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We're currently working on a python project that basically reads and writes M2M data into/from a SQLite database. This database consists of multiple tables, one of them storing current values coming from the cloud. This last table is worrying me a bit since it's being written very often and the application runs on a flash drive.

I've read that virtual tables could be the solution. I've thought in converting the critical table into a virtual one and then link its contents to a real file (XML or JSON) stored in RAM (/tmp for example in Debian). I've been reading this article: http://drdobbs.com/database/202802959?pgno=1 that explains more or less how to do what I want. It's quite complex and I think that this is not very doable using Python. Maybe we need to develop our own sqlite extension, I don't know...

Any idea about how to "place" our conflicting table in RAM whilst the rest of the database stays in FLASH? Any better/simpler approach about how take the virtual table way under Python?

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It might be worth looking at stackoverflow.com/questions/763184/… –  George Oct 7 '11 at 9:59

2 Answers 2

up vote 1 down vote accepted

A very simple, SQL-only solution to create a in-memory table is using SQLite's ATTACH command with the special ":memory:" pseudo-filename:

ATTACH DATABASE ":memory:" AS memdb;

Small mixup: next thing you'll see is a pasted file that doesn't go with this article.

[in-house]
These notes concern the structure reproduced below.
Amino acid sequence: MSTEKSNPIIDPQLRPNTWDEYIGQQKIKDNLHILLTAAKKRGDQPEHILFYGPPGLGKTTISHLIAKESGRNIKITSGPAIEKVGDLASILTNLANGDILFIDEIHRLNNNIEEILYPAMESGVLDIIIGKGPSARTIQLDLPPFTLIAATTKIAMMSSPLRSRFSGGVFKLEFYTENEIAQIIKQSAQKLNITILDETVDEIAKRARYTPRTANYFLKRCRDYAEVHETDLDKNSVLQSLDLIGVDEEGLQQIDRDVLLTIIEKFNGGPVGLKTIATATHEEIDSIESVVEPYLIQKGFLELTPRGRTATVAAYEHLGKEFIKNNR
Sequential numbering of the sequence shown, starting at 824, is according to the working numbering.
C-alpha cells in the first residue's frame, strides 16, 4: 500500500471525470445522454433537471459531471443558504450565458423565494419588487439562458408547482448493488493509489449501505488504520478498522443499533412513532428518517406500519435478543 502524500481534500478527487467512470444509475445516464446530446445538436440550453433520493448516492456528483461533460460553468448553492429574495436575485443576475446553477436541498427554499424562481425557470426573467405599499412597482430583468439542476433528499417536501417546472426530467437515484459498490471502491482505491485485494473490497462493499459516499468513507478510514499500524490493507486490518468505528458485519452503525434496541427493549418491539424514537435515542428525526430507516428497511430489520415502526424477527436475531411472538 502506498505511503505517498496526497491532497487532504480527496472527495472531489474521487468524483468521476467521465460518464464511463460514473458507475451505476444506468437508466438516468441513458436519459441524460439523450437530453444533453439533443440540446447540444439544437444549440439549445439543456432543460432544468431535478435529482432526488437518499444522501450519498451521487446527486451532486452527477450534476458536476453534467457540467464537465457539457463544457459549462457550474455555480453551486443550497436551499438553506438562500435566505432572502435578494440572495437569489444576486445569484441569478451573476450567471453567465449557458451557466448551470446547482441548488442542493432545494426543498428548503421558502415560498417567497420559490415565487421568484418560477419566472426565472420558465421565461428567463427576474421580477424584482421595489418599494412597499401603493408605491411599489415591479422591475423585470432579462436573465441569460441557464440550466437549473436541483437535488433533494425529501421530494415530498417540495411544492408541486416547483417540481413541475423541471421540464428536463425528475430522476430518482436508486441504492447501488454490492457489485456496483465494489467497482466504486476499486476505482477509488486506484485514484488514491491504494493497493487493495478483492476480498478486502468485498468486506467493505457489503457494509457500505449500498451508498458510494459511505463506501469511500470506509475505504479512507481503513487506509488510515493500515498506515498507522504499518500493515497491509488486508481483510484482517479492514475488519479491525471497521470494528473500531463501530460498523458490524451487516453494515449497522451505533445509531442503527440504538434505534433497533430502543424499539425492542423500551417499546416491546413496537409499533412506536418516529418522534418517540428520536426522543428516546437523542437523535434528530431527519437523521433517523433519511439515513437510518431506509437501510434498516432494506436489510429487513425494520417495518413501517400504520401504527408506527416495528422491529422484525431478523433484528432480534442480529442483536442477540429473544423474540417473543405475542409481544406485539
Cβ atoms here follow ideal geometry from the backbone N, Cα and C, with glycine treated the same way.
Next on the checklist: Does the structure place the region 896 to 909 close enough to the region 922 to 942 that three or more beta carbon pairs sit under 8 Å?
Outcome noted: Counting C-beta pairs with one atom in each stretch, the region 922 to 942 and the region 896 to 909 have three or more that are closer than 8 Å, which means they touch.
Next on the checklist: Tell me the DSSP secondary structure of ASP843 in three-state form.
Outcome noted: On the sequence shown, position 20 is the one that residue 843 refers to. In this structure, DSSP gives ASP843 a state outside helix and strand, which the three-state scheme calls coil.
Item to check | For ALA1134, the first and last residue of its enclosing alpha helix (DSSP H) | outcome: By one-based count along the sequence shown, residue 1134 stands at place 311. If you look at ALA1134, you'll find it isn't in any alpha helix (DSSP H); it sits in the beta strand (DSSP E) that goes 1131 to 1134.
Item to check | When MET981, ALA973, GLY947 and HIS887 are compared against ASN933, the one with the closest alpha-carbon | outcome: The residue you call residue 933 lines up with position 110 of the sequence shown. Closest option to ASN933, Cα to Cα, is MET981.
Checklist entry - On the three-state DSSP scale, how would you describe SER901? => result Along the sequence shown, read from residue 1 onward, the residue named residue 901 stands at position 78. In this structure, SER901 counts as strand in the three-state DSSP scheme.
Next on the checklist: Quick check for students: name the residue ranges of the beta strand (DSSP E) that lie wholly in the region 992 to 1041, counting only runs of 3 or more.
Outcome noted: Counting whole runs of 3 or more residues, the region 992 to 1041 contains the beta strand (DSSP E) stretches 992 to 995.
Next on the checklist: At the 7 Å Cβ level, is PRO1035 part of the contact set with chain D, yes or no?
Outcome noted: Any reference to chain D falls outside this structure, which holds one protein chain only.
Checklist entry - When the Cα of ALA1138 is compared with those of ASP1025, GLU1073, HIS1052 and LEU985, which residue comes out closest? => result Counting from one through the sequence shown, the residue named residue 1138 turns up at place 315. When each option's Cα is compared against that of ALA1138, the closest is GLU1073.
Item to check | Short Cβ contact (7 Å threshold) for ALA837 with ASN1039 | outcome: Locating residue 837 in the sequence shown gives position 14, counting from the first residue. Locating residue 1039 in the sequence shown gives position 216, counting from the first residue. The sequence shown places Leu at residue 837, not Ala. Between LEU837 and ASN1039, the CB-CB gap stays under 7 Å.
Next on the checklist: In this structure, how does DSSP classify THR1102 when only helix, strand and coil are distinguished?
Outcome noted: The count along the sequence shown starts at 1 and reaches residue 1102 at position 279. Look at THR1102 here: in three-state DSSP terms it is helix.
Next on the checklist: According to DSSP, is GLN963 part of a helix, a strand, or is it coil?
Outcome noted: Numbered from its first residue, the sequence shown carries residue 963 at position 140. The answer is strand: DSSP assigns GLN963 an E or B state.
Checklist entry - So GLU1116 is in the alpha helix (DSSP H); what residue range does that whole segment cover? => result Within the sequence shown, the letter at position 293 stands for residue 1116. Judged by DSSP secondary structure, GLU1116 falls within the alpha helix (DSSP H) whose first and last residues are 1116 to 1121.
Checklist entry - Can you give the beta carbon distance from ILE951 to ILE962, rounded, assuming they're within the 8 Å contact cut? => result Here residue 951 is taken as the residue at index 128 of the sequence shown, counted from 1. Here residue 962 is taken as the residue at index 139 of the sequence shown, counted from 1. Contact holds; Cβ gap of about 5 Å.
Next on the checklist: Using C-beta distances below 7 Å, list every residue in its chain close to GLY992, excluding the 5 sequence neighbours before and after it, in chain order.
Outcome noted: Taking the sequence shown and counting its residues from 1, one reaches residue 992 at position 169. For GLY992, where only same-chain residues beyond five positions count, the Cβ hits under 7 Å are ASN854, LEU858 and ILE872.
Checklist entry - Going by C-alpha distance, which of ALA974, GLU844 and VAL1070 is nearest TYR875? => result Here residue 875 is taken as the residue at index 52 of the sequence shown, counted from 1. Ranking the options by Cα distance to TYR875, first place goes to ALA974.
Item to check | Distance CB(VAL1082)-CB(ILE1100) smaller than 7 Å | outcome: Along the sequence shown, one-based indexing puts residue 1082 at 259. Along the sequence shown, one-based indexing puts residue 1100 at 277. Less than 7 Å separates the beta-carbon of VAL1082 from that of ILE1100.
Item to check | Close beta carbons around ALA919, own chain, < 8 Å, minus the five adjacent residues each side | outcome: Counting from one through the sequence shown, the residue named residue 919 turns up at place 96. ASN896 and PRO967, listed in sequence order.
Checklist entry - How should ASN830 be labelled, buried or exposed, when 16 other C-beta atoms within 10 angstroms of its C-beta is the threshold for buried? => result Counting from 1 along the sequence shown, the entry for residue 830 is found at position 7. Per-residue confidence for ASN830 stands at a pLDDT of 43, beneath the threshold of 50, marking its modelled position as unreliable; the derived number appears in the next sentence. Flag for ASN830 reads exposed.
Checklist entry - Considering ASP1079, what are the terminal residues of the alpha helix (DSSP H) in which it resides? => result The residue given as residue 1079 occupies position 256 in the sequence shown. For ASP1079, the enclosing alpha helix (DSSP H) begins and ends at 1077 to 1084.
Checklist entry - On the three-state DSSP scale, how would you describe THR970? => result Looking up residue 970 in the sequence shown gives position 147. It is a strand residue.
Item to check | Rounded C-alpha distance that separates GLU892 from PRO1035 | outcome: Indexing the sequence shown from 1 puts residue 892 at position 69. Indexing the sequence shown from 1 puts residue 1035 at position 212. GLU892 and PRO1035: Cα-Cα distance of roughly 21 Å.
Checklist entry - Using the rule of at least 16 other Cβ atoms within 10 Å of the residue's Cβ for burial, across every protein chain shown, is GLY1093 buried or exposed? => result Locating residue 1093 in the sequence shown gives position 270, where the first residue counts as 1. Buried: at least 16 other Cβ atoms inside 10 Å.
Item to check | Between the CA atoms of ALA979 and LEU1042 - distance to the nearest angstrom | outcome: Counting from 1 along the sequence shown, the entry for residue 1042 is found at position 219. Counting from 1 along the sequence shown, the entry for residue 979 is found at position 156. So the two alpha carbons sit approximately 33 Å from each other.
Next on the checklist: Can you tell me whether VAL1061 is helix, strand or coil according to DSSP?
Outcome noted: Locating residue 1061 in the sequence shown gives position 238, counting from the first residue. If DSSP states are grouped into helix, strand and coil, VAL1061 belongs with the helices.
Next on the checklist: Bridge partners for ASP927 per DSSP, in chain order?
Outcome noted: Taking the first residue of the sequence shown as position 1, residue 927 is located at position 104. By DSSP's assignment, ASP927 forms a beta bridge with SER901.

CREATE TABLE memdb.my_table (...);

Since the whole database "memdb" is kept in RAM, the data will be lost once you close the database connection, so you will have to take care of persistence by yourself.

One way to do it could be:

  1. Open your main SQLite database file
  2. Attach a in-memory secondary database
  3. Duplicate your performance-critical table in the in-memory database
  4. Run all queries on the duplicate table
  5. Once done, write the in-memory table back to the original table (BEGIN; DELETE FROM real_table; INSERT INTO real_table SELECT * FROM memory_table;)

But the best advice I can give you: Make sure that you really have a performance problem, the simple solution could just as well be fast enough!

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Thanks. The in-memory method would be my last option since I don't want the whole database to be stored in RAM. But it seems that apart form virtualizing the problematic table I have no other option. –  dberenguer Oct 7 '11 at 9:37
You do not need to put the whole database in RAM. Store your main database in a file as usual, and use ATTACH to attach an additional, in-memory database to your SQLite connection. Then you can create just those tables in-memory you want. –  Ferdinand Beyer Oct 7 '11 at 9:58
Mmmm... That makes sense Ferdinand. Doing this we may still keep our current queries and still use the same connection... I like this approach very much, thanks!! –  dberenguer Oct 7 '11 at 14:30
Performance is not the problem. Current queries to that table are simple and fast. The problem is that this table is being updated very often and the flash drive risks to wear out sooner than usual. –  dberenguer Oct 7 '11 at 14:33

Use an in-memory data structure server. Redis is a sexy option, and you can easily implement a table using lists. Also, it comes with a decent python driver.

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Well, I wanted to avoid the in-memory way since the complete database would be kept in RAM, as Ferdinand says. Thanks for the tip. –  dberenguer Oct 7 '11 at 9:35

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